As the cultivation and sale of opium grew alongside the increasingly deteriorating economic conditions, a lot of unemployed Afghans including university educated youth took to drug abuse. The drug percolated deep into the society and today, there is widespread addiction among men, women, and children across the country. One out of every ten Afghans is believed to be an addict. These also include newborns who were carried and breast-fed by their addict mothers.
Surprisingly, the presence of US and NATO troops hasn’t weakened the opium industry. On the contrary, there was a whopping 35 times increase in opium production between 2001 and 2014. This is because a clampdown on drug trafficking was considered to be beyond US and NATO’s scope of work —War on Terror. Secondly, they did not want to alienate the local population and worsen the already hostile conditions by disrupting the networked ecosystem of the opium stakeholders that had already become deeply entrenched in the Afghan economy.
Opium Percolating into South Asia
Highest cultivation of this crop in south and west of Afghanistan makes logistics to south-Asia easy and low-cost. Karachi being the closest entrepôt to the international drugs market, Pakistan is an important transit route to Afghan opium. As the opium is transported all the way south to Karachi through various levels of the supply chain, much of the opium is retained, distributed and consumed within Pakistan itself.
The country with its $2 billion per year drug trade is believed to be the most “heroin addicted country per capita, in the world”. One of the highest affected areas is Khyber Pakhtunkhwa (KPK) along the Afghan border, which has an estimated 11% of resident population using illicit substances, primarily heroin.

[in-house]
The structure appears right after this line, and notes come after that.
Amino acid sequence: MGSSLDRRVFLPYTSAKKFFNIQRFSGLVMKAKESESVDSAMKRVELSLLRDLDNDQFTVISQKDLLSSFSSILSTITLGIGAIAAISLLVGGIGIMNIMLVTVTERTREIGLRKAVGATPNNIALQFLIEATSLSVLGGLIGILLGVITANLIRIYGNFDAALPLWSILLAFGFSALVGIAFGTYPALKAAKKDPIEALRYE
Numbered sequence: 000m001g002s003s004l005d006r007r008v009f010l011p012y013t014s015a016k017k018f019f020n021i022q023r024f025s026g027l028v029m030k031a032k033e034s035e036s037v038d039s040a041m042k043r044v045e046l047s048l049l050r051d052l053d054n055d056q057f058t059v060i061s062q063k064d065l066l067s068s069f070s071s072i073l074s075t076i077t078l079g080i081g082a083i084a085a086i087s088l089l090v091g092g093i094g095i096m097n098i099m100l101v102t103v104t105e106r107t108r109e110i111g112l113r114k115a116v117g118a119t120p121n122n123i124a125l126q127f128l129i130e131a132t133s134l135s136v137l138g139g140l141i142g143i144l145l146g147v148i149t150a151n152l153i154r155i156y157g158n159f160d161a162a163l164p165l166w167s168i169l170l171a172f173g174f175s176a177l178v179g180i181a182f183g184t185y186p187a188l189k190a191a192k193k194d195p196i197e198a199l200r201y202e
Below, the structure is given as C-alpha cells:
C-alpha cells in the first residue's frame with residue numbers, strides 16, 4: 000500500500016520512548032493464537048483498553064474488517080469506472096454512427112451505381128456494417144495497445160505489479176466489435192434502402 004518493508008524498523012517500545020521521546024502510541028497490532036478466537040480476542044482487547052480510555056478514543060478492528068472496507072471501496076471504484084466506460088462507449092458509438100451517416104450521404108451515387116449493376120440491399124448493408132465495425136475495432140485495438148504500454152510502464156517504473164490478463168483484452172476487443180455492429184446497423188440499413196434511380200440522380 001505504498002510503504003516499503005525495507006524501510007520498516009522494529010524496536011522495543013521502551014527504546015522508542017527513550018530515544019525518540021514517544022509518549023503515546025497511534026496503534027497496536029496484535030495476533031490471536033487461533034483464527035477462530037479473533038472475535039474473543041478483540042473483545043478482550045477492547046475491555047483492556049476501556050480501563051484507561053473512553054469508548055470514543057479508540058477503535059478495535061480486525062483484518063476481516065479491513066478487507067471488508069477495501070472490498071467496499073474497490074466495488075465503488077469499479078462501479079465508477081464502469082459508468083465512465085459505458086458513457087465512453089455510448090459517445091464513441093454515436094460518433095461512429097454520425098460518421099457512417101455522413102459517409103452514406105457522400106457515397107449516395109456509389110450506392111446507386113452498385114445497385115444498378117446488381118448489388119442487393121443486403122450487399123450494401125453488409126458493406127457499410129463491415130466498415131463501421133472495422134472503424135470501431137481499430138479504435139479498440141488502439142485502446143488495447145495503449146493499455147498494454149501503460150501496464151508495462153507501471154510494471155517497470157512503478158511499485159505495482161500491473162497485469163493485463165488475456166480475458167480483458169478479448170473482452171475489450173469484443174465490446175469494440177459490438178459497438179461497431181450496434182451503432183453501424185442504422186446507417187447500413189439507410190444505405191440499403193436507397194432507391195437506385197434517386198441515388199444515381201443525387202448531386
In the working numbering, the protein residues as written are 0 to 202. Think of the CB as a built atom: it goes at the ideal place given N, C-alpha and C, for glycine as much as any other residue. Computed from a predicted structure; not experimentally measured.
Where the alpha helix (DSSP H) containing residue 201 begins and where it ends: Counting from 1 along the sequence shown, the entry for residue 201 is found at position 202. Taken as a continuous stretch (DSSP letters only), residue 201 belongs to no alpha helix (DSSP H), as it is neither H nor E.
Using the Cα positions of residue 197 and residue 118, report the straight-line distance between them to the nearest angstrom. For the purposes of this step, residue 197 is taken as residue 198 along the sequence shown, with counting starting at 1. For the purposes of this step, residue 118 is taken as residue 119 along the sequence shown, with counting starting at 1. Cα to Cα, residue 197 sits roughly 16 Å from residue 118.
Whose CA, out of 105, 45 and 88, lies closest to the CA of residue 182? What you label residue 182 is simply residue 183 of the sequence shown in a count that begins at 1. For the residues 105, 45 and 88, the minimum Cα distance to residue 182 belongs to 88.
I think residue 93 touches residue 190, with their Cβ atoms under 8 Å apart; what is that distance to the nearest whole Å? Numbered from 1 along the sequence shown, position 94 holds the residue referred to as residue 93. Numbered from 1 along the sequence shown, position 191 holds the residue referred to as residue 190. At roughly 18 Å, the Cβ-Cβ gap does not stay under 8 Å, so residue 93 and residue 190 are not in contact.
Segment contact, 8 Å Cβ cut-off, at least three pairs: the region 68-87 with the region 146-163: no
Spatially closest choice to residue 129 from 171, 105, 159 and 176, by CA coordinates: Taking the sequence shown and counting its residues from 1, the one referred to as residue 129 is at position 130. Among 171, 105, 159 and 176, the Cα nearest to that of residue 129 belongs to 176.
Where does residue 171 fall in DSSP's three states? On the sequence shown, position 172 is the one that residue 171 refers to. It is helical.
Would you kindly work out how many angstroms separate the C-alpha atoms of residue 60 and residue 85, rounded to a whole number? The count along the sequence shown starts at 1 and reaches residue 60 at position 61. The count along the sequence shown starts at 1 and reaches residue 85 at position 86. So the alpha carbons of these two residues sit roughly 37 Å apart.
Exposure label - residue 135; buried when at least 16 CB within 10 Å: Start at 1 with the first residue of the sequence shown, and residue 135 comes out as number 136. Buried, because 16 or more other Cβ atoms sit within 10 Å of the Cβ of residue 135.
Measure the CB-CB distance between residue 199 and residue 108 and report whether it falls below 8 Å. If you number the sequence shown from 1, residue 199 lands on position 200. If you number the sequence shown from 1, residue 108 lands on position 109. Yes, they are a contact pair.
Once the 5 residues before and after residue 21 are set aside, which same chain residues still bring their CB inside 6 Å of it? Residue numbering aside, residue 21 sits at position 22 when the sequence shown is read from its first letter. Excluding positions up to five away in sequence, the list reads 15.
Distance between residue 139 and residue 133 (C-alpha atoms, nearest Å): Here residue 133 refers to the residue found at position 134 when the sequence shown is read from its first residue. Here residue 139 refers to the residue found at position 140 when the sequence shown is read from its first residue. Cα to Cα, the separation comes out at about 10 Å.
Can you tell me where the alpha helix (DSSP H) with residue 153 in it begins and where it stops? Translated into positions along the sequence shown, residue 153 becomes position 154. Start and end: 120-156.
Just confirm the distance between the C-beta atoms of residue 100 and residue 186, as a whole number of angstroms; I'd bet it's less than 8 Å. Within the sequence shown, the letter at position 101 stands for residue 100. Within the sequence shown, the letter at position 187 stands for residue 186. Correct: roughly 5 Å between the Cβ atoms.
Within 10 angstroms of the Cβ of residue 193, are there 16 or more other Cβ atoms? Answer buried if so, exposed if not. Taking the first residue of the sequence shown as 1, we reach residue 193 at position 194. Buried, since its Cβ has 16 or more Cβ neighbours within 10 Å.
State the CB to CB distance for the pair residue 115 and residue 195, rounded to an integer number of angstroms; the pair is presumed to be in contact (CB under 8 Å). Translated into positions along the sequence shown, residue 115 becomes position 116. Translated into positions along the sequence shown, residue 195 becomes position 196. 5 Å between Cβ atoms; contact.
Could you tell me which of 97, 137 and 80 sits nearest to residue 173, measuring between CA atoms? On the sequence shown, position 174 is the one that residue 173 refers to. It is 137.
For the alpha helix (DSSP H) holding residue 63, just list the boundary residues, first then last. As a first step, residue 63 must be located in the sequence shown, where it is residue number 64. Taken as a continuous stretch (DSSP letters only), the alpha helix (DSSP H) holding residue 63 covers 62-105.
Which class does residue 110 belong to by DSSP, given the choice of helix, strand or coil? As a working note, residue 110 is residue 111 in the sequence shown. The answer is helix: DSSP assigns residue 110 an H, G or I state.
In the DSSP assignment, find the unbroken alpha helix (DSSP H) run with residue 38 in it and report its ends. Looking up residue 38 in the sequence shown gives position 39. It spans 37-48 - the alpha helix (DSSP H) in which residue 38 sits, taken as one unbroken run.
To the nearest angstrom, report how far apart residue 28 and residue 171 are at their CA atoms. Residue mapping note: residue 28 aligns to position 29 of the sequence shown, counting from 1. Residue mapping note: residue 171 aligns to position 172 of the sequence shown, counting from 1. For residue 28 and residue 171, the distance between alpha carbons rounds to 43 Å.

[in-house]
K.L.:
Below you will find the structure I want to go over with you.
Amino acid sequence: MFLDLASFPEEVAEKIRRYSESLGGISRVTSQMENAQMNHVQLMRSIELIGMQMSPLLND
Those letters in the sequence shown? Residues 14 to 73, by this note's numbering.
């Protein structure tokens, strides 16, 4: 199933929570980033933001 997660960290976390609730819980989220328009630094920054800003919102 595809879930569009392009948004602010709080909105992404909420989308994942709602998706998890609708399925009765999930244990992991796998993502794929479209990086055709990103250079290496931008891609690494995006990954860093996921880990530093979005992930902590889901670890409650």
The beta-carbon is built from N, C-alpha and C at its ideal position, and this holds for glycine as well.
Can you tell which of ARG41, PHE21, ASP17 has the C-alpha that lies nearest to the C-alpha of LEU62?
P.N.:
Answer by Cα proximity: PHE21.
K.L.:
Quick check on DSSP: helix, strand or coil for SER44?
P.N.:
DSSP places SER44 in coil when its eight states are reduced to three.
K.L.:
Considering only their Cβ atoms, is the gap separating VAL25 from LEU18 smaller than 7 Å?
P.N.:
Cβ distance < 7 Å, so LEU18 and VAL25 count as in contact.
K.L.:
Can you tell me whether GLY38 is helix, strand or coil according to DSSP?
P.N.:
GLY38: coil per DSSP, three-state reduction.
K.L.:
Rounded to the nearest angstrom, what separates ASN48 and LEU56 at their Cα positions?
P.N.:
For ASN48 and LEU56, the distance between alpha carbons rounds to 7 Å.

Next-door, India is a nation of a massive youth population where indications of imported opiates have long been visible. This is corroborated by India’s Ministry of Social Justice & Empowerment which states that opioid use is higher in the country’s north-west and north-east as compared to other regions.
Up north, J&K is known to have 600000 people with drug-related issues which comprises 4.6% population of the Union Territory. 90% of these fall in the age group of 17-33 years. Drug consignments are frequently seized in Kupwara and Uri — areas bordering Pakistan. Smugglers are getting increasingly adept at using innovative methods and technology — like drones — to loop the drugs over the border.
Punjab is another frontier Indian state that has borne a severe brunt of the drug trade. Easily accessible low cost opioids such as brown sugar have percolated down to every strata of the society. According to a survey conducted in 2015, there were around 860000 drug ‘users’ — 4.5% of the population— in Punjab. Punjab’s so-called ‘lost generation’ is widely mourned by families, communities and villages. Many have died of drug overdose in their early twenties, while others have been reduced to a life of extreme despondency.